Though still near historic lows, violent crime has been rising in the U.S. since 2016. So far this year, murders are up 22 percent across three dozen cities. The increase in violence has created a particularly tense moment: Black and Brown communities say they’re under attack by the police, and form the backbone of protests against police brutality, while the police say their job is exceptionally dangerous, especially amid calls to defund law enforcement.
There’s no disputing that police work remains risky, as a recent case in McAllen, Texas, shows: On July 11, two officers were fatally shot during a domestic assault call. But the “war on cops” that some news reports and police advocates describe isn’t backed up by evidence.
A new study from criminologists Justin Nix from the University of Nebraska Omaha and Michael Sierra-Arévalo from the University of Texas at Austin adds more data to the debate, while rejecting the notion that the profession has become increasingly unsafe.
Here are the facts about officer-targeted violence.
How often are police shot in the line of duty?
In a study published in Criminology & Public Policy on July 20, Nix and Sierra-Arévalo analyzed fatal and non-fatal shootings of police officers between 2014 and 2019. The analysis relies on data from the Gun Violence Archive, a nonprofit that tracks shootings through media and police reports. During the study period, 1,467 local and state law enforcement officers were shot in 1,185 incidents, 249 of which were fatal. That works out to, on average, 245 officers shot per year, 42 of them fatally. The study excludes federal officers, corrections officers, and shootings of officers by colleagues.
Nix and Sierra-Arévalo observed a spike in firearm assaults against officers in 2016, but did not find a sustained increase over the six-year period of their survey.
According to other research, policing has actually become a much safer profession over the last five decades. A study published last year in Criminology & Public Policy found that line-of-duty deaths fell 75 percent between 1970 and 2016, according to an analysis of FBI data.
That said, policing is still a dangerous profession, Nix and Sierra-Arévalo say. “I think we would all agree that being shot at, being wounded by a bullet, amounts to a certain level of dangerousness in a profession,” Nix said. Both authors condemned listicles that rank a variety of other professions as being more dangerous than policing, like fishing, logging, and trucking. “You’re not really sending pizza drivers or truck drivers to very potentially volatile situations in which there’s always at least one firearm and that’s the firearm on the officer’s hip,” Sierra-Arévalo said.
Is policing more dangerous in certain states?
Significantly. The scholars noted a wide divergence between firearm assaults against police at the state level. Mississippi, the state with the highest average rate of firearm assault on police over the six-year period, recorded 2.29 firearm assaults per 1,000 officers, while Connecticut, the state with the lowest number of assaults, recorded .06 firearm assaults per 1,000 officers. (The national mean is .47 firearm assaults per 1,000 officers.) Other states with high rates include New Mexico, Arkansas, Oklahoma, and Colorado. States in the Southeast and Southwest had elevated rates compared to the national average.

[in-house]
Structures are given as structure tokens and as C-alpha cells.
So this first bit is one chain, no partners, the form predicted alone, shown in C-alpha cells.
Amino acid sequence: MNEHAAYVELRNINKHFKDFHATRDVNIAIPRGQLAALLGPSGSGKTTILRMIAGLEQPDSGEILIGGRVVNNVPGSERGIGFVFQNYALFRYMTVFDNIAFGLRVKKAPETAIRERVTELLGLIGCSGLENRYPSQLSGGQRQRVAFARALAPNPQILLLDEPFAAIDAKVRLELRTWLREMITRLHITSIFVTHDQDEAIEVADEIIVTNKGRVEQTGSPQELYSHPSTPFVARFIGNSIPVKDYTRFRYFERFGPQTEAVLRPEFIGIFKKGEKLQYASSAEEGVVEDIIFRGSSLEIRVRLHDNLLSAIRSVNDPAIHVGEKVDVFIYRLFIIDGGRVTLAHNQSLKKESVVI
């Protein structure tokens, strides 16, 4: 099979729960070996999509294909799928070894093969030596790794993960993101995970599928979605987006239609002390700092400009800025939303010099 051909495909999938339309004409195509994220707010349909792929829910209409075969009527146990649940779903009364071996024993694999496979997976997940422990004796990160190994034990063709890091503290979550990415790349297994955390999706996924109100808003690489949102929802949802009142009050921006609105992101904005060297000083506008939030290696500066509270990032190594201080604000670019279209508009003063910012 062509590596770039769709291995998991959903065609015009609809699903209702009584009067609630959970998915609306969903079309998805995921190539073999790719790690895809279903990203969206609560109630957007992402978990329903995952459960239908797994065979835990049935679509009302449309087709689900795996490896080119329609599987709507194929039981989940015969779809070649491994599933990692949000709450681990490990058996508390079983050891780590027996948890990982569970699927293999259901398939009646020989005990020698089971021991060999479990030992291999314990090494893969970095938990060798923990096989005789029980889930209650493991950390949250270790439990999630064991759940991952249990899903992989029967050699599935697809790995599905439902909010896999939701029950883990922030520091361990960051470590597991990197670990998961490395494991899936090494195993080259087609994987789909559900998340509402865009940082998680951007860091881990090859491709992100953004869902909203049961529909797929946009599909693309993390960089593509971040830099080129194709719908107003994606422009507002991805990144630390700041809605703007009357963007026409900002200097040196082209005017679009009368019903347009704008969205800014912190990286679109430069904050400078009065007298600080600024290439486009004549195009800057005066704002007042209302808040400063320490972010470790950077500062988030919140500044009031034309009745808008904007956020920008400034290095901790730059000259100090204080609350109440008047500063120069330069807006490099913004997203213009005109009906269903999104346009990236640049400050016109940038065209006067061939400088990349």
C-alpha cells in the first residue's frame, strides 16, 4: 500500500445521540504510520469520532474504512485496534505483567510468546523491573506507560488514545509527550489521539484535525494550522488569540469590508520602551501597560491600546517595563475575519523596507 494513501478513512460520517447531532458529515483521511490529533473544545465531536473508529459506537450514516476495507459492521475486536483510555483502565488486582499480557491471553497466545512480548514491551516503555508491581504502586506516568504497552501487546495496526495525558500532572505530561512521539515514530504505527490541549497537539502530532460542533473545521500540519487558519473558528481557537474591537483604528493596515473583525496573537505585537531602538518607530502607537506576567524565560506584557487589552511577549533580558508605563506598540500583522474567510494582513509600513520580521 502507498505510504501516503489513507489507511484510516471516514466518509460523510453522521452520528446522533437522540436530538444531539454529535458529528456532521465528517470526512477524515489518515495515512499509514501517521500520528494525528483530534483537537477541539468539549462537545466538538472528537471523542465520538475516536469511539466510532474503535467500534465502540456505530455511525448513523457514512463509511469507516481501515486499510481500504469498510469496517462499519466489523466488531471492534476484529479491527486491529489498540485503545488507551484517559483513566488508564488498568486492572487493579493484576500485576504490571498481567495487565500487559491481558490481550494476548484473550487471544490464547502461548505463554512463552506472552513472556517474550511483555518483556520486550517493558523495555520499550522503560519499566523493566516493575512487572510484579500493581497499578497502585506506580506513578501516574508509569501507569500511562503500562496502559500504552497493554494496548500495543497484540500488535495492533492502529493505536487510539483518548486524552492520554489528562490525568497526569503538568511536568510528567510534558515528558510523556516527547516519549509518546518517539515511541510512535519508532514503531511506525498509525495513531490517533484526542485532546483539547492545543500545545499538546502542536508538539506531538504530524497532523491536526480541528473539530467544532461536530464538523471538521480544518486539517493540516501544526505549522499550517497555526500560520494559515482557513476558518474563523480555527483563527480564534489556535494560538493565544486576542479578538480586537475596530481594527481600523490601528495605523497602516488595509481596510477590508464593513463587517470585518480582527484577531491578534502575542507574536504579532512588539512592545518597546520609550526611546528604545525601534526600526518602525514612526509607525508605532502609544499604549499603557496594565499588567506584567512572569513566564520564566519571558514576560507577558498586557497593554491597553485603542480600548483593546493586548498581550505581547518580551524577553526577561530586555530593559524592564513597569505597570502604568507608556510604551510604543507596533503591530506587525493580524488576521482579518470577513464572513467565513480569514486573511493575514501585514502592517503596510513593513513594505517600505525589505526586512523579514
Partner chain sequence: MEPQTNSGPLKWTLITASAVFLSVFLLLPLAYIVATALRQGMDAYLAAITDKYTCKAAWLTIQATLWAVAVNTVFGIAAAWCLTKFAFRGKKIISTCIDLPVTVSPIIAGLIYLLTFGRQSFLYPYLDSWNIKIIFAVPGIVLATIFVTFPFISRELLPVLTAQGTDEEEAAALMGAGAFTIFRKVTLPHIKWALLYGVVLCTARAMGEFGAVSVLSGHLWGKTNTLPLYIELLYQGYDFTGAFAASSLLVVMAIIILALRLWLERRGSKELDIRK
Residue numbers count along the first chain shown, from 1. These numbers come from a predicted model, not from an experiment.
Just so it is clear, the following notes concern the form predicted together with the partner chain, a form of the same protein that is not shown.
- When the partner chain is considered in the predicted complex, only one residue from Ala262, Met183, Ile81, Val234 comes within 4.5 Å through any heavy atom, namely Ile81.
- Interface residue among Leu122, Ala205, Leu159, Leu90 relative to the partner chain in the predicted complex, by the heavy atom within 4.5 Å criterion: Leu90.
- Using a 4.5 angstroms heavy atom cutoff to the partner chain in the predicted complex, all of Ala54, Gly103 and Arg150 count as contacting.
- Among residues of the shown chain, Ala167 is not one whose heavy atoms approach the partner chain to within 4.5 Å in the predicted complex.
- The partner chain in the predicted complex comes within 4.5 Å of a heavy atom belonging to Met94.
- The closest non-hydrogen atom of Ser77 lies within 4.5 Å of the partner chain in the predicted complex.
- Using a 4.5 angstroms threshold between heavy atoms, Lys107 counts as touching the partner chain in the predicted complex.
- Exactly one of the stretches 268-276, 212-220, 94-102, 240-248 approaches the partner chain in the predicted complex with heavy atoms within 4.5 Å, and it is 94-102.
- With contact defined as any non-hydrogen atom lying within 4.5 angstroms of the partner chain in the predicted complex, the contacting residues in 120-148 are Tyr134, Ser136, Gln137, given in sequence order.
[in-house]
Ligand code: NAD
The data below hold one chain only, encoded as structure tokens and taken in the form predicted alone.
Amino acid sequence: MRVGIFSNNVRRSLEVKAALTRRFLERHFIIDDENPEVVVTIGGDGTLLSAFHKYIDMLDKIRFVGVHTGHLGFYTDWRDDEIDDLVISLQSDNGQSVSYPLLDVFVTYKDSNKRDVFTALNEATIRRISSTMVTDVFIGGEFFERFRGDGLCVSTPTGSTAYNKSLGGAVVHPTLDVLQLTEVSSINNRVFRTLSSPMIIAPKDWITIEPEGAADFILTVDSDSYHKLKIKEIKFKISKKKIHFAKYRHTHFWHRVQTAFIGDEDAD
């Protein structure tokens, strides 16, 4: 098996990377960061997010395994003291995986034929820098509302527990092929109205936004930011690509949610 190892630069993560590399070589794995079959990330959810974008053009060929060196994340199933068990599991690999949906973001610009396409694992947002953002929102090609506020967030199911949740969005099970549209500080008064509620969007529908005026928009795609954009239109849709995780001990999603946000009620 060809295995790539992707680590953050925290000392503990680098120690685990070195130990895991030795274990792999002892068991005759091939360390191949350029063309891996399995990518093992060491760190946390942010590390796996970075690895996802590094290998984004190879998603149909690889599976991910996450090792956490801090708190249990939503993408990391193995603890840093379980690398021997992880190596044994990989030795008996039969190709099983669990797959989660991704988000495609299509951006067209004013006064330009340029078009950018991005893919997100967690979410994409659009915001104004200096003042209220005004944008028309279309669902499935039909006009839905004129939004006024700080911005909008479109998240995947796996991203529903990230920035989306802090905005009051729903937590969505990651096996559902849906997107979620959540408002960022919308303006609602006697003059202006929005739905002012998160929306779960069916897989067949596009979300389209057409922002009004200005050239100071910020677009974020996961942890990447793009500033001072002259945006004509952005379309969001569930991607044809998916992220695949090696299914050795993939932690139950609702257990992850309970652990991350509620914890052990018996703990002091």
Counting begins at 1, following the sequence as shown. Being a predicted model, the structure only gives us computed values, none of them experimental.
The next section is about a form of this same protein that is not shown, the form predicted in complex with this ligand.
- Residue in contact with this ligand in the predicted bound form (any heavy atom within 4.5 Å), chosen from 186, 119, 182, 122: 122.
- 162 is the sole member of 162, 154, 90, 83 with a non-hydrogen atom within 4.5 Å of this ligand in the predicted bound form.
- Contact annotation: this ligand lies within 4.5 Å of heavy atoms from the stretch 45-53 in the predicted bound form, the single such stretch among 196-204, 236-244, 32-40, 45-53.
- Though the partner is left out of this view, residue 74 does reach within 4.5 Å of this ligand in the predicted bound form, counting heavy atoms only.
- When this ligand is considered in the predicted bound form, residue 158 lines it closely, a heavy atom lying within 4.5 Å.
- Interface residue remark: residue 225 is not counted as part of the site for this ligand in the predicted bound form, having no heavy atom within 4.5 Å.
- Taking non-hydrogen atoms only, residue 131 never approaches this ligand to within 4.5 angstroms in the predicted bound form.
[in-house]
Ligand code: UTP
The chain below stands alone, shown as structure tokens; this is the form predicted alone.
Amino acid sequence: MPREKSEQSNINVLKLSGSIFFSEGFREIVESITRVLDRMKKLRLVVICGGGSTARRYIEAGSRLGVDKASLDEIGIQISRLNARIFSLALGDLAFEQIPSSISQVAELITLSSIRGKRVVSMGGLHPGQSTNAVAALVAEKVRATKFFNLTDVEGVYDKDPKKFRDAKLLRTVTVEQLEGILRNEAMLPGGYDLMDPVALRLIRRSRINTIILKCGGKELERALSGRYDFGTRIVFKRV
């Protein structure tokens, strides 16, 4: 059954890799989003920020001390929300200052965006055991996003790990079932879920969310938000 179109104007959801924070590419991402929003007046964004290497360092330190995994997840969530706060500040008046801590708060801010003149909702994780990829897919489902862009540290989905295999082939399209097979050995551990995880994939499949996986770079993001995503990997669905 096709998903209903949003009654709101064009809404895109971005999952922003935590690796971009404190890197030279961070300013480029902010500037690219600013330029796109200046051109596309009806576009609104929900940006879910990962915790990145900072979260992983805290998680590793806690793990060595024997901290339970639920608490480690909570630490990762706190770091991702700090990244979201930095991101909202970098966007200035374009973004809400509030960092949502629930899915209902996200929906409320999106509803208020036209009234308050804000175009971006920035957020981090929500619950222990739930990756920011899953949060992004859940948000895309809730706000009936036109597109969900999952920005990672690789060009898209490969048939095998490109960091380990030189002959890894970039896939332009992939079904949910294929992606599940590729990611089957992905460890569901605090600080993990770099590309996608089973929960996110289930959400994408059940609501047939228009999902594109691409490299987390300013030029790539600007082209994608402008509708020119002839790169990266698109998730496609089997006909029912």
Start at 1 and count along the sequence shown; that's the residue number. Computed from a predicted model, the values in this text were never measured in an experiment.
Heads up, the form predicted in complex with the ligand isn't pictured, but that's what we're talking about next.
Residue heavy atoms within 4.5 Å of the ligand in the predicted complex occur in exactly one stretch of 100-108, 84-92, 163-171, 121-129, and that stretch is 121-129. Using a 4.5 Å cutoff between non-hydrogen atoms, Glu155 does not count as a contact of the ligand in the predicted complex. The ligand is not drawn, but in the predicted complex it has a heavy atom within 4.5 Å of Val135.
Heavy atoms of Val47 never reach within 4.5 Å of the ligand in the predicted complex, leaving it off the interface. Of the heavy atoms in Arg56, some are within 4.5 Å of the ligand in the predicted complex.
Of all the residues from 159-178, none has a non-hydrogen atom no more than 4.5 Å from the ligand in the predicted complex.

While the authors say the reasons for regional differences merit future study, their working hypothesis is that the most violent areas for police may correlate to the number of guns in circulation, permissive concealed-carry laws, and open carry laws.
Previous research has found a link between gun ownership and shootings of police officers. A 2015 study in the American Journal of Public Health found that states with more civilian guns had more homicides of cops: For every 10 percent increase in the firearm ownership rate, there were 10 additional police killed while on duty.
How do officer shootings affect the mindset of police?
In an interview, the study’s authors pointed to a few factors that play a role in how officers think about the risk of being shot: the militarization of police training, a police culture that amplifies tales of downed officers, and the proliferation of guns among civilians.
“What my ethnographic work shows is that police are systematically socialized to understand their work as predominantly dangerous, and to understand that the public is the key driver of that danger,” said Sierra-Arévalo. “So police are trained that there actually is no such thing as a routine traffic stop, there is no such thing as a routine call for service. Instead, they are trained to view the world as full of infinite threats, and to approach a situation as if it might devolve into a fight of their lives at any moment.”
This “warrior” culture has existed in law enforcement circles for decades but has intensified in recent years, as The Trace’s Alain Stephens reported in June.
The proliferation of guns also exacerbates a sense of danger. “I don’t think there’s really any serious argument to be made that the supply of firearms doesn’t influence the level of violent police encounters,” Sierra-Arévalo added.